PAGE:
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Tyler Perry's I Can Do Bad All By Myself Review

Movies.com Critics

1.0

Dave White Profile

Good. Then leave me out of it. Read full review

Other Critics provided by Metacritic.com

Critics scores range from 0 to 100, with higher scores indicating more favorable reviews.

  • 3.0
    55

    out of 100

    Metascore®
    Mixed or average reviews
    based on a weighted average of all
    critic review scores.

  • 60

    out of 100

    The New York Times Neil Genzlinger

    Mr. Perry has his moviemaking machine running smoothly, which is to say somewhat predictably.

    Read Full Review

  • 60

    out of 100

    Variety

    Perry's latest emotional roller coaster starts with considerable promise and a high-wattage cast, including Taraji P. Henson and singers Gladys Knight and Mary J. Blige, before giving way to melodramatic predictability.

    Read Full Review

  • 60

    out of 100

    The Hollywood Reporter

    Part musical, part love story, part family melodrama, part inspirational treacle, Tyler Perry's latest movie, I Can Do Bad All by Myself is something of an unholy mess. Alternately stupefying and entertaining, the film does benefit from a strong cast.

    Read Full Review

  • 70

    out of 100

    Los Angeles Times

    What works best, though, is that it's practically an R&B/gospel musical.

    Read Full Review

  • 91

    out of 100

    Entertainment Weekly Lisa Schwarzbaum

    It's probably the impresario's best-made movie yet, his most joyful, and his most moving.

    Read Full Review

  • See all Tyler Perry's I Can Do Bad All By Myself reviews at Metacritic.com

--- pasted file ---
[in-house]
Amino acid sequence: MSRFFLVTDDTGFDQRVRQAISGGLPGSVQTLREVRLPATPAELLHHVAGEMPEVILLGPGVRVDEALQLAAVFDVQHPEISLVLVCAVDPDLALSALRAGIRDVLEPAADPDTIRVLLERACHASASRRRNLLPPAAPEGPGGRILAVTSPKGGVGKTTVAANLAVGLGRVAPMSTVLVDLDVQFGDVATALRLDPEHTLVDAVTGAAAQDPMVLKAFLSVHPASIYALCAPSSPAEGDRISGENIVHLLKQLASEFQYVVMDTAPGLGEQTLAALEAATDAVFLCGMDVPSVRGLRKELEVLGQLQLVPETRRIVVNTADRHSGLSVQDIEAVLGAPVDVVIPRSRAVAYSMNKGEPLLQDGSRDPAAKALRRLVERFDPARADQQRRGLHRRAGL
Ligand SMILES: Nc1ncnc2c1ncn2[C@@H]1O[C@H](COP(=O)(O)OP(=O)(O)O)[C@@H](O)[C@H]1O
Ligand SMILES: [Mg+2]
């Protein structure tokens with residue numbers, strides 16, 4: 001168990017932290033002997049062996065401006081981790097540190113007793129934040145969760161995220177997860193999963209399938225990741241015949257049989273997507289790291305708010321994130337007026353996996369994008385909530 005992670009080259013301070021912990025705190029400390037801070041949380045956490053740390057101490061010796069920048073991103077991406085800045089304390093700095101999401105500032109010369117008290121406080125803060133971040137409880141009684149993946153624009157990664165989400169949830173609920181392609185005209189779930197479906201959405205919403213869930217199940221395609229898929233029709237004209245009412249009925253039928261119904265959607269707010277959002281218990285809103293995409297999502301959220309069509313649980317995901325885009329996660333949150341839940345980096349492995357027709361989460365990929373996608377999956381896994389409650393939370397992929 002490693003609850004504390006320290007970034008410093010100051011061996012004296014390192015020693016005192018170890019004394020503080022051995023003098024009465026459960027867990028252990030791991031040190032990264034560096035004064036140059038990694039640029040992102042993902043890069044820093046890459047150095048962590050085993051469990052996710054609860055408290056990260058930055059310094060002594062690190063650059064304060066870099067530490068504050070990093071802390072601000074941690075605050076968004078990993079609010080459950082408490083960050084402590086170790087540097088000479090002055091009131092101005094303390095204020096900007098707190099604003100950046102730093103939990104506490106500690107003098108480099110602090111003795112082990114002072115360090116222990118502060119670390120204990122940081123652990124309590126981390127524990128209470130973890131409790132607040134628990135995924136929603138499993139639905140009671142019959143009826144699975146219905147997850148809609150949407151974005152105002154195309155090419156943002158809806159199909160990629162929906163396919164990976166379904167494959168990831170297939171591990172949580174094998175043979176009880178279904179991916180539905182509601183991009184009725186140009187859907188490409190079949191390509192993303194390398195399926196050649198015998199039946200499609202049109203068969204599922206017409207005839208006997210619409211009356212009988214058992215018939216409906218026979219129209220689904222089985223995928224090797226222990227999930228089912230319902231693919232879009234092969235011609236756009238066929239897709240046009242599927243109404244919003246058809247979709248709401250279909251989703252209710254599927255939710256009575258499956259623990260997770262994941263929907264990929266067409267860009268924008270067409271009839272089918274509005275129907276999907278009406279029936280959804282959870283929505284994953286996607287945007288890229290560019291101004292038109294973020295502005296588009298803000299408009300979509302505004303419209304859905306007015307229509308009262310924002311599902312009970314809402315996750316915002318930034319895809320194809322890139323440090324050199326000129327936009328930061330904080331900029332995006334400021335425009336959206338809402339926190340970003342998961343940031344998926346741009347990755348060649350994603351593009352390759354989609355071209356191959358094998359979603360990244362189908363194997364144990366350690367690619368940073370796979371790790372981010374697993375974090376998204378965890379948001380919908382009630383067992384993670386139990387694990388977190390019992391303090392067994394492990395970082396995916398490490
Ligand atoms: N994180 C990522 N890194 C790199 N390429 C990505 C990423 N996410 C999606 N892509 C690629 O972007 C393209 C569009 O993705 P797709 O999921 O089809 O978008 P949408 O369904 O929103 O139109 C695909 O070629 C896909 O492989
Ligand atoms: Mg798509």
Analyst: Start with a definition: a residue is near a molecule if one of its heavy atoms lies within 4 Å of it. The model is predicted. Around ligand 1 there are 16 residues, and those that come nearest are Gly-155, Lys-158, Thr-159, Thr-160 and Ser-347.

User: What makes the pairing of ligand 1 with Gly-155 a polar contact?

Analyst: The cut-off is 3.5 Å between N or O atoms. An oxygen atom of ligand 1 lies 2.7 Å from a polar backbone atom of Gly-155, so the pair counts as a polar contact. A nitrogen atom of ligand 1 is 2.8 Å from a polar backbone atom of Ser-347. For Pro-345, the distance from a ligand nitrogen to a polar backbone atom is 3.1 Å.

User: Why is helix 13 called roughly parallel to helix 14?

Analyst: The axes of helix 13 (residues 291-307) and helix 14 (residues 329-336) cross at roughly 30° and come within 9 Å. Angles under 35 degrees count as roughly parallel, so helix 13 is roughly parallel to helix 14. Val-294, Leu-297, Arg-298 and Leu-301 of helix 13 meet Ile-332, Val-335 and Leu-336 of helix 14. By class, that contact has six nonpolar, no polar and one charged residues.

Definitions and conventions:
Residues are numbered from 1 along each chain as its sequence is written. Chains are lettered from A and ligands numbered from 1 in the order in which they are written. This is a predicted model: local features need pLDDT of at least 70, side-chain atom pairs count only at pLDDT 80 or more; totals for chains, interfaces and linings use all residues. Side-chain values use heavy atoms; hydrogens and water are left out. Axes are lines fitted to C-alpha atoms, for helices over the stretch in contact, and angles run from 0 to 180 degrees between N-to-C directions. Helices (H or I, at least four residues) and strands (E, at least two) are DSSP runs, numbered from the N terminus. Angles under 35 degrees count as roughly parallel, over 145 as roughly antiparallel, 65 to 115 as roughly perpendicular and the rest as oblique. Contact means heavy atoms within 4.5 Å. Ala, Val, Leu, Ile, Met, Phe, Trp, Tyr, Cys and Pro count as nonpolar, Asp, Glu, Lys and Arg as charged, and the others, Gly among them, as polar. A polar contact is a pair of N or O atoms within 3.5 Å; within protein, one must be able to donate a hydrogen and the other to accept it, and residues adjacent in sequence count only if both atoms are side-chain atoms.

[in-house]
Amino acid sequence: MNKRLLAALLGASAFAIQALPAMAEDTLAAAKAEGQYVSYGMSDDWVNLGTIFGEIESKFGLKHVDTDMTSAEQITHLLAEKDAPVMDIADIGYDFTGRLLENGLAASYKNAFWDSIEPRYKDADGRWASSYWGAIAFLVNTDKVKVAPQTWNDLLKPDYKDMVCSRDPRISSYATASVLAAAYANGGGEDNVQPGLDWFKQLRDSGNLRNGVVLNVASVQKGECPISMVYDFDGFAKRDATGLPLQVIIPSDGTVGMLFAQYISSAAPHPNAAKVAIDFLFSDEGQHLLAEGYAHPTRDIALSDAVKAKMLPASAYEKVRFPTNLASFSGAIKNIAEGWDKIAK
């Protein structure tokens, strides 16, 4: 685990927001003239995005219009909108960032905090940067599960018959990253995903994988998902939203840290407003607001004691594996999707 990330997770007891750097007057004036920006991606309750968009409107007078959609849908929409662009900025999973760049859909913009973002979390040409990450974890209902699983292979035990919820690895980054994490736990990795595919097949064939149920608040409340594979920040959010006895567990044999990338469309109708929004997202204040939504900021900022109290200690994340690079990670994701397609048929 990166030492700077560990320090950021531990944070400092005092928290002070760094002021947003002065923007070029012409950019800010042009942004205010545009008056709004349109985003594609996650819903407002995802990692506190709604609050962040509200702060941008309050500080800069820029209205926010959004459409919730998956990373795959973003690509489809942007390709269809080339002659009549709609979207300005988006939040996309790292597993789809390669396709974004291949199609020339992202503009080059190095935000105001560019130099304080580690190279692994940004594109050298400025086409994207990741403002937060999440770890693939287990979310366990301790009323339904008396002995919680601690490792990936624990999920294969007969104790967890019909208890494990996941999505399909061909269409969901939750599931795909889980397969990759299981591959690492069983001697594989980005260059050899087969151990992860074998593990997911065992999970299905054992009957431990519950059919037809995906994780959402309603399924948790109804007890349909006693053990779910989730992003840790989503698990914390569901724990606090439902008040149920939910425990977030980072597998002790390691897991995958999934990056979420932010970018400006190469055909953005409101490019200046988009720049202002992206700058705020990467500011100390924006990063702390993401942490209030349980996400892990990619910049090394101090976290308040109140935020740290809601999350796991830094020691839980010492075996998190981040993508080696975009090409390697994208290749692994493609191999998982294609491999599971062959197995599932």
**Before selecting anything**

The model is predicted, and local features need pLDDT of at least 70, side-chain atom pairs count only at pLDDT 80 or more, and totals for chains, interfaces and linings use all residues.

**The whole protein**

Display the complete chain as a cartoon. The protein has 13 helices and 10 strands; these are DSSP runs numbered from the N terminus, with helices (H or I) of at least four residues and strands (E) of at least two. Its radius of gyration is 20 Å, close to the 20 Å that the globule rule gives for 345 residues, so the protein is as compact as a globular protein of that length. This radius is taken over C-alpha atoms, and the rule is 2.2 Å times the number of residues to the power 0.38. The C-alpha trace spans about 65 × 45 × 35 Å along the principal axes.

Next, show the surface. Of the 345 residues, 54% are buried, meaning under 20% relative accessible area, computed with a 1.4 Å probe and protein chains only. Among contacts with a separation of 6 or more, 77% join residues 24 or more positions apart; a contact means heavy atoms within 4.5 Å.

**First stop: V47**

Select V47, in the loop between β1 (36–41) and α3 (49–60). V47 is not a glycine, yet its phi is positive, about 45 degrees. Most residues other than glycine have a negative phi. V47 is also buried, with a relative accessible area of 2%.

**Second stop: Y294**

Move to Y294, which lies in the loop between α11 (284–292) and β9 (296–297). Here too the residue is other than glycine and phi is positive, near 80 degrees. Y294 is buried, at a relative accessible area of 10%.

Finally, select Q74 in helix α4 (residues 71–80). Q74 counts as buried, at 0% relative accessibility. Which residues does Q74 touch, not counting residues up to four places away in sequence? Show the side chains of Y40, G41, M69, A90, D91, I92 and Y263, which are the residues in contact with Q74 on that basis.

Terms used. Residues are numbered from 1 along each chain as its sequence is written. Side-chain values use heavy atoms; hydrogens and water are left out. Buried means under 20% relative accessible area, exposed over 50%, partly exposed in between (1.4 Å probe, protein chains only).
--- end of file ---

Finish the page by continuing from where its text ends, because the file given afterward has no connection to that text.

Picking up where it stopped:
For Families provided by Common Sense Media

OK for kids 14+

Sometimes-gritty dramedy has some moving moments.

What Parents Need to Know

Parent need to know that this dramedy based on a play by Tyler Perry is both gritty and righteous. Although, like Perry's other films, it ends on a decidedly optimistic (if unsurprising) note, the main character is an iffy role model throughout much of the movie -- she smokes, drinks, and shows no compassion toward her sister’s young children, who all need her help. The movie also examines the tragic toll of child abuse and includes a scene of near-sexual assault on a teenage girl.

  • Families can talk about April. Is she meant to be considered a role model? What prevents her from embracing those who need her and/or care for her? Why does she have so many vices?
  • What message do you think the movie is ultimately sending? Is Perrysaying that you need to have a partner by your side to take on life’schallenges? Is that par for the course for more mainstream Hollywoodmovies?

The good stuff
  • message true2

    Messages: Perry’s messages of faith and hope shine through, which many viewers may find inspiring. But his chauvinism does, too: Main character April can’t seem to be saved without a man, and though she’s a strong character, a not-so-subtle undercurrent leaves the impression that a woman needs a “good man” to make her way through this world intact.

  • rolemodels true2

    Role models: The main character spends much of the movie being cold and selfish, even heartless (and her boyfriend is even nastier) -- but she ultimately experiences a huge sea change/epiphany. The supporting characters are actually far more appealing, with big hearts and obvious (to the point of being nearly one-dimensional) goodness.

What to watch for
  • violence false3

    Violence: A married man makes inappropriate, aggressive advances toward a teenager -- to the point of almost raping her. Two men end up in a bloody fight. A woman nearly kills a man by electrocuting him. Two comic characters jokingly threaten to dispense corporal punishment to set kids straight.

  • sex false2

    Sex: A woman messes around with a married man, but the audience doesn’t really see anything except them in bed under the covers. In another scene, a man and a woman share a gentle kiss.

  • language false2

    Language: Mild swearing, including one use of "s--t" and several instances of words like "ass," “hell,” "damn," and “shut up.” Also "oh my God."

  • consumerism false1

    Consumerism: While characters are seen dressed to the nines, there’s little mention of brands -- though the Heineken label gets screen time.

  • drugsalcoholtobacco false3

    Drinking, drugs and smoking: A woman practically chain smokes her way through the movie; she also drinks so much that her friend calls her on it. A joint is mentioned but never seen on screen.

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